Here are a few quotes from the book:
August 1931: I see now how very important it is for the professional man to build up a surplus in normal times. A surplus capital of $2,500 wisely invested during the depression might have meant financial security for the rest of his life. Without it he is at the mercy of the economic winds.
December 1931: It is generally believed that good stocks and bonds can now be bought at very attractive prices. The difficulty is that nobody has the cash to buy.
September 1932: I believe it can be truly said that the man who has money during this depression to invest in the highest grade investment stocks and can hold on for 2 or 3 years will be the rich man of 1935.
June 1933: I am afraid the opportunity to buy a fortune in stocks at about 10¢ on the dollar is past and so far I have been unable to take advantage of it.
July 1933: Again and again during this depression it is driven home to me that opportunity is a stern goddess who passes up those who are unprepared with liquid capital.
May 1937: The greatest chance in a lifetime to build a fortune has gone and will probably not come again soon. Very few people had any surplus to invest—it was a matter of earning enough to buy the necessaries of life.
In short, by succumbing to FOMO and investing all your cash, you might be giving up the opportunity to make a literal fortune. You can’t shoot fish in a barrel without ammunition.
Of course, the parallels from the Great Depression to present-day crises aren’t exact. The US was on the gold standard back then, meaning the Fed couldn’t conjure money out of thin air to reflate stock prices. Such a nationwide shortage of cash is unthinkable today, as Yellen & Friends would create however many dollars necessary to prevent stocks from plummeting 90%, as they did during the Great Depression.
That’s exactly what happened during the 2008 financial crisis, as you can see below. The Fed injected liquidity, and stocks rebounded rapidly. Compared to the Great Depression, the stock market crash of 2008 was short and sweet:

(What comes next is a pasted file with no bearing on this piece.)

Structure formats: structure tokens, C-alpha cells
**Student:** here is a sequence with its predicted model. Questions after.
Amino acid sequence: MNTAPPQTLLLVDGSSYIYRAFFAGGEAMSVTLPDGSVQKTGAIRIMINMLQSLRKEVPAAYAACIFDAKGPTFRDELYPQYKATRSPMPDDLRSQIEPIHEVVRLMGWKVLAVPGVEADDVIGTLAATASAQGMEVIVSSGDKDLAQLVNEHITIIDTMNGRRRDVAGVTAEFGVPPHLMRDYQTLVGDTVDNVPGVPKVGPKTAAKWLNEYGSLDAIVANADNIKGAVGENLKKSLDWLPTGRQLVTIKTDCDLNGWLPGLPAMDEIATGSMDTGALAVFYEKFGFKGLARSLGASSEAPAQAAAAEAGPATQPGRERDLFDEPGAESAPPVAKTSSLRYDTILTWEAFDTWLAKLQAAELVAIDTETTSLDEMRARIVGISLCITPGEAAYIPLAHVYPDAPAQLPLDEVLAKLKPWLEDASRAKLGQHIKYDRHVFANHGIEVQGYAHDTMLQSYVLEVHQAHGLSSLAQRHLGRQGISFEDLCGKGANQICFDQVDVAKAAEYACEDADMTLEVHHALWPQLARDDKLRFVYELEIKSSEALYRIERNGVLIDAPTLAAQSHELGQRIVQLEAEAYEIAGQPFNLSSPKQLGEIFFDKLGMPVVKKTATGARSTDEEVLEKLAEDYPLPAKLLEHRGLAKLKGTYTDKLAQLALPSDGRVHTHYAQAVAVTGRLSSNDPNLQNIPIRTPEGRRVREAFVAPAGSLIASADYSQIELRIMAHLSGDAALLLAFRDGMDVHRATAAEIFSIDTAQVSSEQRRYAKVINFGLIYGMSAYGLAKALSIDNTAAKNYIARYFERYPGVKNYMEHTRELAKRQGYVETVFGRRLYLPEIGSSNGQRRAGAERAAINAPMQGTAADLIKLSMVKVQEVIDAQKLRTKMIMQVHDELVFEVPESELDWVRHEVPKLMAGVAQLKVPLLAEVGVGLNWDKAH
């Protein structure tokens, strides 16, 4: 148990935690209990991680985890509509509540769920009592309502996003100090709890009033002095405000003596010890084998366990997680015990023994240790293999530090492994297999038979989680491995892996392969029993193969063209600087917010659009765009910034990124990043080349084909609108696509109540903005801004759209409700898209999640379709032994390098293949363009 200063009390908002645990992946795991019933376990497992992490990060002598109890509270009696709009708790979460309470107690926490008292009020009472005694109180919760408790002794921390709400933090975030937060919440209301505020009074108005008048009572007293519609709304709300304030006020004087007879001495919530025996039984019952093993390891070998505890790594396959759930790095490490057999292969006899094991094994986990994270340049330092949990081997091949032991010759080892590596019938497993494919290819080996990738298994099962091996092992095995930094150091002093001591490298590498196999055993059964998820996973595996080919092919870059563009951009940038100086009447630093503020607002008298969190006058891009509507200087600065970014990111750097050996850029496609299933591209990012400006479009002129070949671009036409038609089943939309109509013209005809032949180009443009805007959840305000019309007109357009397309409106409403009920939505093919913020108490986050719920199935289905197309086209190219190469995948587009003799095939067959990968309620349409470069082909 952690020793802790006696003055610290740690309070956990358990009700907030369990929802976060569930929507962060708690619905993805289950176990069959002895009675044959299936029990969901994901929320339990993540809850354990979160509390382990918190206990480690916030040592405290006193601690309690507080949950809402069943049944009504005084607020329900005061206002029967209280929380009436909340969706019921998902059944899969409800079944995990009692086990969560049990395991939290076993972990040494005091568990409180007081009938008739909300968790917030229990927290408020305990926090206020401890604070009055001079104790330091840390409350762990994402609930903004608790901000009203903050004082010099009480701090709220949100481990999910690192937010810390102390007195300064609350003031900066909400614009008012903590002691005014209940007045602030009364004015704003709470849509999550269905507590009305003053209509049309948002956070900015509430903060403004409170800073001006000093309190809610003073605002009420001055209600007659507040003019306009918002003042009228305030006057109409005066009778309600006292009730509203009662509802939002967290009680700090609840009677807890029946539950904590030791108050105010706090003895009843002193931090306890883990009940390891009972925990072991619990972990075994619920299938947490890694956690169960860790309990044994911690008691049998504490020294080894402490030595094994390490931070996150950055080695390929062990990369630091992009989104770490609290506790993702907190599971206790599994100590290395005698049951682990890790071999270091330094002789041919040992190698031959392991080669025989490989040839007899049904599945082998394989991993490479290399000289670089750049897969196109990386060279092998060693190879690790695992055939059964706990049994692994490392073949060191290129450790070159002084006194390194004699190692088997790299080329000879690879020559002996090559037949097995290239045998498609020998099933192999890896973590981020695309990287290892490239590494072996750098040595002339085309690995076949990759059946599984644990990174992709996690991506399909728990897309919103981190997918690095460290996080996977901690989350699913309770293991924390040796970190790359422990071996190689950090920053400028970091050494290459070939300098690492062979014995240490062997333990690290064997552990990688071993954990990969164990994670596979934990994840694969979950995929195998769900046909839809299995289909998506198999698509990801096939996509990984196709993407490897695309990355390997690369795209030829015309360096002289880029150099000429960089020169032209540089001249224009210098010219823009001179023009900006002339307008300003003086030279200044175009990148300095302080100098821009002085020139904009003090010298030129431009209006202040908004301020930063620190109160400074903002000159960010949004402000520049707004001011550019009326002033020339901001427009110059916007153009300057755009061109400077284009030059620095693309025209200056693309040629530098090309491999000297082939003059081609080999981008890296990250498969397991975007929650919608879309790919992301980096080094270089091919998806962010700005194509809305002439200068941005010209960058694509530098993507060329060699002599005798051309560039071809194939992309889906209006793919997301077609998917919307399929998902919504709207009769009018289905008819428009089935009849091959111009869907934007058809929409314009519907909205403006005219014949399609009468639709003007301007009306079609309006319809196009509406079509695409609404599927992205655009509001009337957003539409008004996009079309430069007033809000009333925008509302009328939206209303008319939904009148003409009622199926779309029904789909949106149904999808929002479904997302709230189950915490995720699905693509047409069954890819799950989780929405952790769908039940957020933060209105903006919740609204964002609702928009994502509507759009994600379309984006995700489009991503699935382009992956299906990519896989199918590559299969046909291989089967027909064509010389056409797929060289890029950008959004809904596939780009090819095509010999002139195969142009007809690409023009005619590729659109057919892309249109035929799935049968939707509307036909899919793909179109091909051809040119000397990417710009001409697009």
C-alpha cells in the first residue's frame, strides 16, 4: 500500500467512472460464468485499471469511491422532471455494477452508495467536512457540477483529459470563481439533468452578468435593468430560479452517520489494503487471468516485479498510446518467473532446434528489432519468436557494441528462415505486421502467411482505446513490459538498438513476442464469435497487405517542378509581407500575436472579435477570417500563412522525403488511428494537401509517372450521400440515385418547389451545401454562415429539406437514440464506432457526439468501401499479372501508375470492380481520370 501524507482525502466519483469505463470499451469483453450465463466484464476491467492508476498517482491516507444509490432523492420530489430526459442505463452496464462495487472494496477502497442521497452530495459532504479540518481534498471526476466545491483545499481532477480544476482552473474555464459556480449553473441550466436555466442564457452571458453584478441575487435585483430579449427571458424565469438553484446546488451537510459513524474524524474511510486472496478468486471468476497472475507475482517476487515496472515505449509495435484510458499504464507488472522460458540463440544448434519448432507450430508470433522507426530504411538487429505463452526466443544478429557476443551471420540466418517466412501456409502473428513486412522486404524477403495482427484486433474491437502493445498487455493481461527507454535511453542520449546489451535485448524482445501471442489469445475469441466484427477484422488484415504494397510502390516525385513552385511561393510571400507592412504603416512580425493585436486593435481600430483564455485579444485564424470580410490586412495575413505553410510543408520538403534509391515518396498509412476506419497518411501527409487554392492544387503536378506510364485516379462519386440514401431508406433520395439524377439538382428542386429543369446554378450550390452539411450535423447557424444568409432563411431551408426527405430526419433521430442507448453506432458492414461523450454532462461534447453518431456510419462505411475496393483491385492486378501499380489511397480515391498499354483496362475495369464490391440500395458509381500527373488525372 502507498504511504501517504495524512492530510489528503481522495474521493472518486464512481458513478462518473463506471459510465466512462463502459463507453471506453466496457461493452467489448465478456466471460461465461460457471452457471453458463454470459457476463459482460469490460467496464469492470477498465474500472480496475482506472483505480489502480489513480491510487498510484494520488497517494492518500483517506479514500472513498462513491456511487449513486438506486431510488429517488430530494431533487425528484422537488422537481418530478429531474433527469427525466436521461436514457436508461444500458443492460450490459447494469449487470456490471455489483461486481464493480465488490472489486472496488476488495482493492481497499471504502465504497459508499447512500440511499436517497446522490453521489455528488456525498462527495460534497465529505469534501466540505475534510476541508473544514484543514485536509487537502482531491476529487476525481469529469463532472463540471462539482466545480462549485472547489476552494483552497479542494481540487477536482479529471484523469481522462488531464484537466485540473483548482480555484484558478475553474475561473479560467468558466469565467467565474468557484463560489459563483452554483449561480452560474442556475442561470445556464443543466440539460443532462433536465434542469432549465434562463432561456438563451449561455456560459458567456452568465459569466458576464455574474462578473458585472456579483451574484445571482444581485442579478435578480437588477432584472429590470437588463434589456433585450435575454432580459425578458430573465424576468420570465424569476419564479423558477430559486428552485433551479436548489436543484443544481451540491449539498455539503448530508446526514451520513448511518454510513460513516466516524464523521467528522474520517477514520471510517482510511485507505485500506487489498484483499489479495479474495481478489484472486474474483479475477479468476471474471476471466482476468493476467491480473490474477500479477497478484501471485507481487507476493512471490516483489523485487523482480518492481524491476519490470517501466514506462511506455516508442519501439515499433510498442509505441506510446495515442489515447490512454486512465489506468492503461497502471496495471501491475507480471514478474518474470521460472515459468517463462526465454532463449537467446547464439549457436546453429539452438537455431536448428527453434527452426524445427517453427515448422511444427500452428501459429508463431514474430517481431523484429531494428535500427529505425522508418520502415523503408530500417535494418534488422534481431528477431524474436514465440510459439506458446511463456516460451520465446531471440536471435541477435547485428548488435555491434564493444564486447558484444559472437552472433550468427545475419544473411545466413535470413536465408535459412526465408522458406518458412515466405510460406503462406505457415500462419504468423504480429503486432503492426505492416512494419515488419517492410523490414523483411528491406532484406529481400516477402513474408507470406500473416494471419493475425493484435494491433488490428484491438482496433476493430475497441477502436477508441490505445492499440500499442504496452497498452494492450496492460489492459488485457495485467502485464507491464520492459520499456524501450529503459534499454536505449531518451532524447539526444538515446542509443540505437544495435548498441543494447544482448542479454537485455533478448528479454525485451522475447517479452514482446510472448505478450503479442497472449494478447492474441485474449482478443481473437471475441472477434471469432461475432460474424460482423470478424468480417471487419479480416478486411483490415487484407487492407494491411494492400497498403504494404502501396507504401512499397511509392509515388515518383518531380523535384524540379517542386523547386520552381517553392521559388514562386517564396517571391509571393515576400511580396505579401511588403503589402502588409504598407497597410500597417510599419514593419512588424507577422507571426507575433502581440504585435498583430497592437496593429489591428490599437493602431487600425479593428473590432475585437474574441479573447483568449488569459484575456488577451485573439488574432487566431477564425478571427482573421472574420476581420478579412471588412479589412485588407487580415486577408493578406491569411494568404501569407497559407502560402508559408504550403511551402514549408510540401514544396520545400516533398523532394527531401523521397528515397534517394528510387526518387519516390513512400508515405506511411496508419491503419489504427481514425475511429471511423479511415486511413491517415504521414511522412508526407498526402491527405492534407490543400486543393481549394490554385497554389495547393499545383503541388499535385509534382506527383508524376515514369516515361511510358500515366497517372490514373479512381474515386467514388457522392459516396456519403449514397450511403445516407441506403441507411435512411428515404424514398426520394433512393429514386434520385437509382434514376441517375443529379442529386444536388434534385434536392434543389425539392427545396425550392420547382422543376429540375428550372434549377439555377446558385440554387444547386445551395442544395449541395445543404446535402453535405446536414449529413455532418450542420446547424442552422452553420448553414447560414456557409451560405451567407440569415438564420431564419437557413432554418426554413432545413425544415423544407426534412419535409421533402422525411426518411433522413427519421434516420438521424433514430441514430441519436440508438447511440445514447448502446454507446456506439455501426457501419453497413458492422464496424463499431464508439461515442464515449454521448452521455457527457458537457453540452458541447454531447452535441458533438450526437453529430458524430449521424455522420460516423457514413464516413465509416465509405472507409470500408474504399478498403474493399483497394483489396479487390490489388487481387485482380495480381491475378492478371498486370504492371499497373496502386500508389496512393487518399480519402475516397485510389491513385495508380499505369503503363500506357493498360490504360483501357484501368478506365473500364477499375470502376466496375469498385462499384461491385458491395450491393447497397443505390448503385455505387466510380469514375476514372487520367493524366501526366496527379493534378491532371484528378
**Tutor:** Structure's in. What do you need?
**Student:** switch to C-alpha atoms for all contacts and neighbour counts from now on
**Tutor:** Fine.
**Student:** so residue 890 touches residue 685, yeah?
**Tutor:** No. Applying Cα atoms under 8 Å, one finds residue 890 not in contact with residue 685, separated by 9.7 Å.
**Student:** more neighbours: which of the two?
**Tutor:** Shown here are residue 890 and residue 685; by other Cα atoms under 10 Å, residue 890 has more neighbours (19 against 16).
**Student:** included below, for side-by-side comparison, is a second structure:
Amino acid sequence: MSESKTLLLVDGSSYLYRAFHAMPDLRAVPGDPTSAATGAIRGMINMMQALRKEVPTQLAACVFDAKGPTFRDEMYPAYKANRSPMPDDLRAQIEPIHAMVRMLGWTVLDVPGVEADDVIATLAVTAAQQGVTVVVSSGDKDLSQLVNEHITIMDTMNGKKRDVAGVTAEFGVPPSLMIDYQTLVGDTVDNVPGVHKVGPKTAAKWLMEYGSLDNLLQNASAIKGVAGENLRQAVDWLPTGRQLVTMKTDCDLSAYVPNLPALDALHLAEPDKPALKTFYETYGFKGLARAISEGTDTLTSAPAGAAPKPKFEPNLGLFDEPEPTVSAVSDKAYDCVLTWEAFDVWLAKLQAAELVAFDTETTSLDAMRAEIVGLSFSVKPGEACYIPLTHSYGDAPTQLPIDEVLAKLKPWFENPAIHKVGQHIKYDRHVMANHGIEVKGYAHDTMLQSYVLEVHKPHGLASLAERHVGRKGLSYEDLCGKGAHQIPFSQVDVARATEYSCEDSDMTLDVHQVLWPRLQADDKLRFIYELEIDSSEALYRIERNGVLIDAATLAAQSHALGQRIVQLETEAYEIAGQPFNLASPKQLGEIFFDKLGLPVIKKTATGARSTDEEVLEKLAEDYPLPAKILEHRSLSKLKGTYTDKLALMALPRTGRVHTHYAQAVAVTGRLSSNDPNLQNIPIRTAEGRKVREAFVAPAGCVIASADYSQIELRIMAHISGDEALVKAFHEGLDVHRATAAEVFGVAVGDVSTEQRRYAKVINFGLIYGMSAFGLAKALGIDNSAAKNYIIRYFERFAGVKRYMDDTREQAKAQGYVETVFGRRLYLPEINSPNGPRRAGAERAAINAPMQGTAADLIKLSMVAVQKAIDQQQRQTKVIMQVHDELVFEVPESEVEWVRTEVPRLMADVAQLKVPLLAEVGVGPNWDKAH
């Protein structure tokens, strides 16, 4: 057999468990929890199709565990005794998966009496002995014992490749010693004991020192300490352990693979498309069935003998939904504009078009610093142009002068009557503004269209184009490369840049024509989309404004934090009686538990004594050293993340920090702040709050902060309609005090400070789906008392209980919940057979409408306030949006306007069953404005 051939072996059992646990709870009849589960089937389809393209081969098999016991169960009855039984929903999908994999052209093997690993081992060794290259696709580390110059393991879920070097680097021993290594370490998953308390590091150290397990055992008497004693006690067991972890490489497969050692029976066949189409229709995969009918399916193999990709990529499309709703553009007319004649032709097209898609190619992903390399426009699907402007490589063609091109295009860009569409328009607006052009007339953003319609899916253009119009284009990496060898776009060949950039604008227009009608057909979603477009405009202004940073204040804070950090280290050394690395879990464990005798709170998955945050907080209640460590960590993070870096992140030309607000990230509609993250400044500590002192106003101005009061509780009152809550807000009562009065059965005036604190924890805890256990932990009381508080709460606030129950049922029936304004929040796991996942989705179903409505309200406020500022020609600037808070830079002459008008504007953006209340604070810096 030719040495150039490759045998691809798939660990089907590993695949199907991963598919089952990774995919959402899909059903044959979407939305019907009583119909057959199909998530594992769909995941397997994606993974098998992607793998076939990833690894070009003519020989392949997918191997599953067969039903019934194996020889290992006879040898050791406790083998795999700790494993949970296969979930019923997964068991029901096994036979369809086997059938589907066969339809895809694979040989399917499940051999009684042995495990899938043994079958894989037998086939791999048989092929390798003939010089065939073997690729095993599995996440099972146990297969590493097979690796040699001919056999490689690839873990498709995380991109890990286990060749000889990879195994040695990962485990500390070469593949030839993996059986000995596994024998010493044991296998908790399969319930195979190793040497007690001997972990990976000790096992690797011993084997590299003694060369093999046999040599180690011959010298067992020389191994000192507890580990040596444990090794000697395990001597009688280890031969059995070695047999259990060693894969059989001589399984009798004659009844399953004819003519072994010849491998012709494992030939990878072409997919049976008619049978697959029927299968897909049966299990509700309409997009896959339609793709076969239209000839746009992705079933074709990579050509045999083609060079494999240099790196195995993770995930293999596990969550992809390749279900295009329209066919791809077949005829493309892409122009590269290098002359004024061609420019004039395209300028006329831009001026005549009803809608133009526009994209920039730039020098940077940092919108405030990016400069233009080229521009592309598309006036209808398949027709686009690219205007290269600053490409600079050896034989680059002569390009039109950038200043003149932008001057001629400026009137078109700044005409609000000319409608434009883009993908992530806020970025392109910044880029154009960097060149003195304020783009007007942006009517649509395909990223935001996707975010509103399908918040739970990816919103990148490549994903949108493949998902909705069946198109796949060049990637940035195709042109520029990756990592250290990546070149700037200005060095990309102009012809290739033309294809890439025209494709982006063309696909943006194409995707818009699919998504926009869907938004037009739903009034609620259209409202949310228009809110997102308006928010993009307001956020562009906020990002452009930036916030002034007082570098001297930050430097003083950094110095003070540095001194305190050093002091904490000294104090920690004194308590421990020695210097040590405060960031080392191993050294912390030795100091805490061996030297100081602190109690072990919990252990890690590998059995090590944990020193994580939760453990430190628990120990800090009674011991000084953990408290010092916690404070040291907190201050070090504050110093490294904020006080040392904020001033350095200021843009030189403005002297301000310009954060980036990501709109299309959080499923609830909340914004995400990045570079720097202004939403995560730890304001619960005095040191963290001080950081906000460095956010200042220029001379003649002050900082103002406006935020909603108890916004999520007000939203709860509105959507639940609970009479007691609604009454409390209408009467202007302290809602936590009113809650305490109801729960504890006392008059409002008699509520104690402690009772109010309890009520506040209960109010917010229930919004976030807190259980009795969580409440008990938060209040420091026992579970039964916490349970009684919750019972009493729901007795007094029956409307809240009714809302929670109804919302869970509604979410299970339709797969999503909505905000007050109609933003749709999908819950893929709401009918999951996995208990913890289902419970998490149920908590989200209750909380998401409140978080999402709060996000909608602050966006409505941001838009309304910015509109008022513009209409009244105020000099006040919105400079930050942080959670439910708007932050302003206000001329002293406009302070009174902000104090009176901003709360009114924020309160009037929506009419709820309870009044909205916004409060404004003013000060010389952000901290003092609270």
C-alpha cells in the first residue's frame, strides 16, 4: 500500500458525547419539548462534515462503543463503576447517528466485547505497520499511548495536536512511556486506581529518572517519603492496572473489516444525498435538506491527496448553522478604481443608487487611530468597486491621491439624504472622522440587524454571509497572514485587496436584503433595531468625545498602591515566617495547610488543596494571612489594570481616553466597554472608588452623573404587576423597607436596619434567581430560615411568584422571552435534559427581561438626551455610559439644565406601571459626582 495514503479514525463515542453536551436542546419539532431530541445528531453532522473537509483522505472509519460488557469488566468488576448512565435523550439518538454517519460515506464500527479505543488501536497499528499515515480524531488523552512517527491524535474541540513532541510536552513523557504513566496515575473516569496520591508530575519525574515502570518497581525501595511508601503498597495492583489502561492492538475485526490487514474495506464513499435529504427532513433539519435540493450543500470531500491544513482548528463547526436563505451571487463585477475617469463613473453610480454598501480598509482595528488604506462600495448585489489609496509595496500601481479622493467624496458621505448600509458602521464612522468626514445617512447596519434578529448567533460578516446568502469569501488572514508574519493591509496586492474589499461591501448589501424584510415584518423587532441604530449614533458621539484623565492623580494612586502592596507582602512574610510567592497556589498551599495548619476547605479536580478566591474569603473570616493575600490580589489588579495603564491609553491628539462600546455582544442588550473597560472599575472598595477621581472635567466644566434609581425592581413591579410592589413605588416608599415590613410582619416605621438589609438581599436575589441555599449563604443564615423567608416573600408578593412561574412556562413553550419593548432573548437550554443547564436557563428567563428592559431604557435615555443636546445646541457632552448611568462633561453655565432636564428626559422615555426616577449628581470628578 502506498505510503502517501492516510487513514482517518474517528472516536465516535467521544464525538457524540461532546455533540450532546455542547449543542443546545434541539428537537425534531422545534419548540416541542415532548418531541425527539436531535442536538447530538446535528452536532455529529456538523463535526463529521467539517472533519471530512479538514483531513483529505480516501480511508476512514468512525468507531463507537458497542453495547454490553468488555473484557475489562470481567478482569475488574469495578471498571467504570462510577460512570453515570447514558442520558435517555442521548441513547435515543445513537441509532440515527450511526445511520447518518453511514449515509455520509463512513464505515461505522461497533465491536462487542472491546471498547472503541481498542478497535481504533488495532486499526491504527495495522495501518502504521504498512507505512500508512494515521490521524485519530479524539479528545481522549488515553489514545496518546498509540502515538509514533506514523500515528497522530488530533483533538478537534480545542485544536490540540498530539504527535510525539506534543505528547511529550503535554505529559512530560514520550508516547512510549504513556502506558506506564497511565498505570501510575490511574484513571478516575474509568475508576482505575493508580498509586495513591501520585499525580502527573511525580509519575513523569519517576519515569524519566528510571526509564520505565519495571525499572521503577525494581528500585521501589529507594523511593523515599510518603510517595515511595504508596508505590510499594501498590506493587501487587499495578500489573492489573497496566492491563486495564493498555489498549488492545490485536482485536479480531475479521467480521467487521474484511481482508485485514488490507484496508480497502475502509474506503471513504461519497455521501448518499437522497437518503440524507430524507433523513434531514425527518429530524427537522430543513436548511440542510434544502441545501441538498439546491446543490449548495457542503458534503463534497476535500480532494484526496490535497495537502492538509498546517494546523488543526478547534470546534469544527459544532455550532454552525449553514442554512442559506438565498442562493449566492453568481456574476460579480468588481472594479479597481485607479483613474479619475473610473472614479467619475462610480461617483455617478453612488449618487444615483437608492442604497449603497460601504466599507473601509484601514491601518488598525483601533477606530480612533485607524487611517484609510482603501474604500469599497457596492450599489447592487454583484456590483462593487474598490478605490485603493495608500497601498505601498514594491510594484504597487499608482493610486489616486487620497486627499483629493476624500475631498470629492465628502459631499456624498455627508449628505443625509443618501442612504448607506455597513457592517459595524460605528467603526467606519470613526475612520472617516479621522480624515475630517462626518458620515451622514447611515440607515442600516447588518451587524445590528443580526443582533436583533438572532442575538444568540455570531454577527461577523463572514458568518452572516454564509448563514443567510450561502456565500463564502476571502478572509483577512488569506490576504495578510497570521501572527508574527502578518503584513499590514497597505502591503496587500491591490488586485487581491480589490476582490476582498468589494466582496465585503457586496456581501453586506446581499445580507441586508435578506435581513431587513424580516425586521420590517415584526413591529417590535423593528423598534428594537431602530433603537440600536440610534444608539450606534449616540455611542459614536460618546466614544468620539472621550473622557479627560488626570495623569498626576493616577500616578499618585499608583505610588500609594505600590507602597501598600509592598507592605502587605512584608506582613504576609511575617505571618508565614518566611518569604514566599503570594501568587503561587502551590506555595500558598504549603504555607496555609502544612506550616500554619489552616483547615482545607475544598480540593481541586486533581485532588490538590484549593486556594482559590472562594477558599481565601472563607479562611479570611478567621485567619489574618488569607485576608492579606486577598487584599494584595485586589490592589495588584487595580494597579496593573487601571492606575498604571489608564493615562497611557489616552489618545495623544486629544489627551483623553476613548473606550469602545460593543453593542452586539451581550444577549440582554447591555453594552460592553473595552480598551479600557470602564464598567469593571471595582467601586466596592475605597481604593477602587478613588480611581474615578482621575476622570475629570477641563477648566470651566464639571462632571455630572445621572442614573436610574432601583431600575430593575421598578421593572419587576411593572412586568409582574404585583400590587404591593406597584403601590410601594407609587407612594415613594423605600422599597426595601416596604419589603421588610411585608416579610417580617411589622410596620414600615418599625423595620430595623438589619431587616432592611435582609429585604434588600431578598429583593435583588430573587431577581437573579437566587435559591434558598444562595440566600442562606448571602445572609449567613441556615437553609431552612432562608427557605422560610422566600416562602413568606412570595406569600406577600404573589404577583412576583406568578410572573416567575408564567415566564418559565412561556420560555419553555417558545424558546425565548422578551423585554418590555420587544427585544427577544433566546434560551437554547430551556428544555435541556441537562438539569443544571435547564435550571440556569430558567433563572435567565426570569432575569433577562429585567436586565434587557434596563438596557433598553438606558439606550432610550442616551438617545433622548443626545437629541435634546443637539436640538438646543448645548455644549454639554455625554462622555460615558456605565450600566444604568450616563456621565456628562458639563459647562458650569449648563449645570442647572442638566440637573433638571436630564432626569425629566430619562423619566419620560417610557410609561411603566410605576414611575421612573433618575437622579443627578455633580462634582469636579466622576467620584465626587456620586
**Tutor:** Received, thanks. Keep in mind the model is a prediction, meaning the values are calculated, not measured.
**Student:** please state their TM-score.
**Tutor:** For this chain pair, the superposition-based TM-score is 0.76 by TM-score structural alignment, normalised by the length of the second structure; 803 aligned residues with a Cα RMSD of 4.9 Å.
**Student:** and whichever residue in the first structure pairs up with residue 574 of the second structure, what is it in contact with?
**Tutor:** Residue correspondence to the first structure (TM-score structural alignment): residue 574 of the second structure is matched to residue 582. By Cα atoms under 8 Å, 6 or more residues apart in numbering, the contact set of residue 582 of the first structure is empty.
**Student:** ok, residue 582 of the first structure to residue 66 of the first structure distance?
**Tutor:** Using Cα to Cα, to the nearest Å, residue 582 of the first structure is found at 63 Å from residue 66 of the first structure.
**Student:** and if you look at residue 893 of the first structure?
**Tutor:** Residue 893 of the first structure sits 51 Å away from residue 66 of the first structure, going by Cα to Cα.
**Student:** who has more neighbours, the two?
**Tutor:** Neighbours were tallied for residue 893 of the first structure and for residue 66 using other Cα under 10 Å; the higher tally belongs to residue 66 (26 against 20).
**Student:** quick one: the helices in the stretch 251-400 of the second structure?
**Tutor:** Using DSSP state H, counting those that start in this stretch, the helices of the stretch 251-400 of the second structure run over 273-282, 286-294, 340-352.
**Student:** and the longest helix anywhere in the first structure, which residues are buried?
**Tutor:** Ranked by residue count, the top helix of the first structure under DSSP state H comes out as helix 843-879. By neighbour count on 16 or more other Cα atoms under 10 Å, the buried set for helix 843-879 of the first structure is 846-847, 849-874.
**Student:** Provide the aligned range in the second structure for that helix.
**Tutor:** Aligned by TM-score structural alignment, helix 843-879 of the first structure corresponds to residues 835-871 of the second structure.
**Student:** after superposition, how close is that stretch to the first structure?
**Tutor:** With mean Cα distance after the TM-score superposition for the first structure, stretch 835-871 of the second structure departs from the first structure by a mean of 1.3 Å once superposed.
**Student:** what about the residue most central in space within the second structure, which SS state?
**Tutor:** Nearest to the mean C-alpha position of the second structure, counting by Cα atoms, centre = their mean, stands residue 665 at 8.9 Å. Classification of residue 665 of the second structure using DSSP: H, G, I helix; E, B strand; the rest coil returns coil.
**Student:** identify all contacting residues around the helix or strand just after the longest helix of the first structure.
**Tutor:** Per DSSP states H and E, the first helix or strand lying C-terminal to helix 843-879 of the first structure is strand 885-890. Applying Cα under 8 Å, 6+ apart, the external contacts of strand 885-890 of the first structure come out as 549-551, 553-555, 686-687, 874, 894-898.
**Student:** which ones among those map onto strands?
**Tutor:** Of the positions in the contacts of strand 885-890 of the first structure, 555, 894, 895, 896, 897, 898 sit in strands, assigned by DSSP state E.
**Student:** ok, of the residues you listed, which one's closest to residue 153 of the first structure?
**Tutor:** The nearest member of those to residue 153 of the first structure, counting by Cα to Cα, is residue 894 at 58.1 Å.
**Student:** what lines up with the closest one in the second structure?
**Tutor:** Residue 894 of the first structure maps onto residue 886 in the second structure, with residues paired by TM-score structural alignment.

What does that mean for modern investors?
When the next crisis comes—and it will—there will be bargains. But because of the Fed’s quick trigger, investors will have to act decisively to get a piece of them.
What’s more, now that the US government has demonstrated beyond the shadow of a doubt that it will prop up the economy, bargains should dissipate even quicker next time around. After all, the hardest part of buying stocks in a crisis is overcoming fear. But that fear isn’t much of a detriment when Uncle Sam is standing by with his hand on the lever of the money-printing machine, ready to rescue the market.
Crises can creep up on you faster than you think. You may never know what hit you--unless you knew what to look for ahead of time. Watch Meltdown America, the eye-opening 30-minute documentary on how to recognize (and survive) an economic crisis—with top experts including Sovereign Society Director Jeff Opdyke, investing legend Doug Casey, and Canadian National Security Council member Dr. Andre Gerolymatos.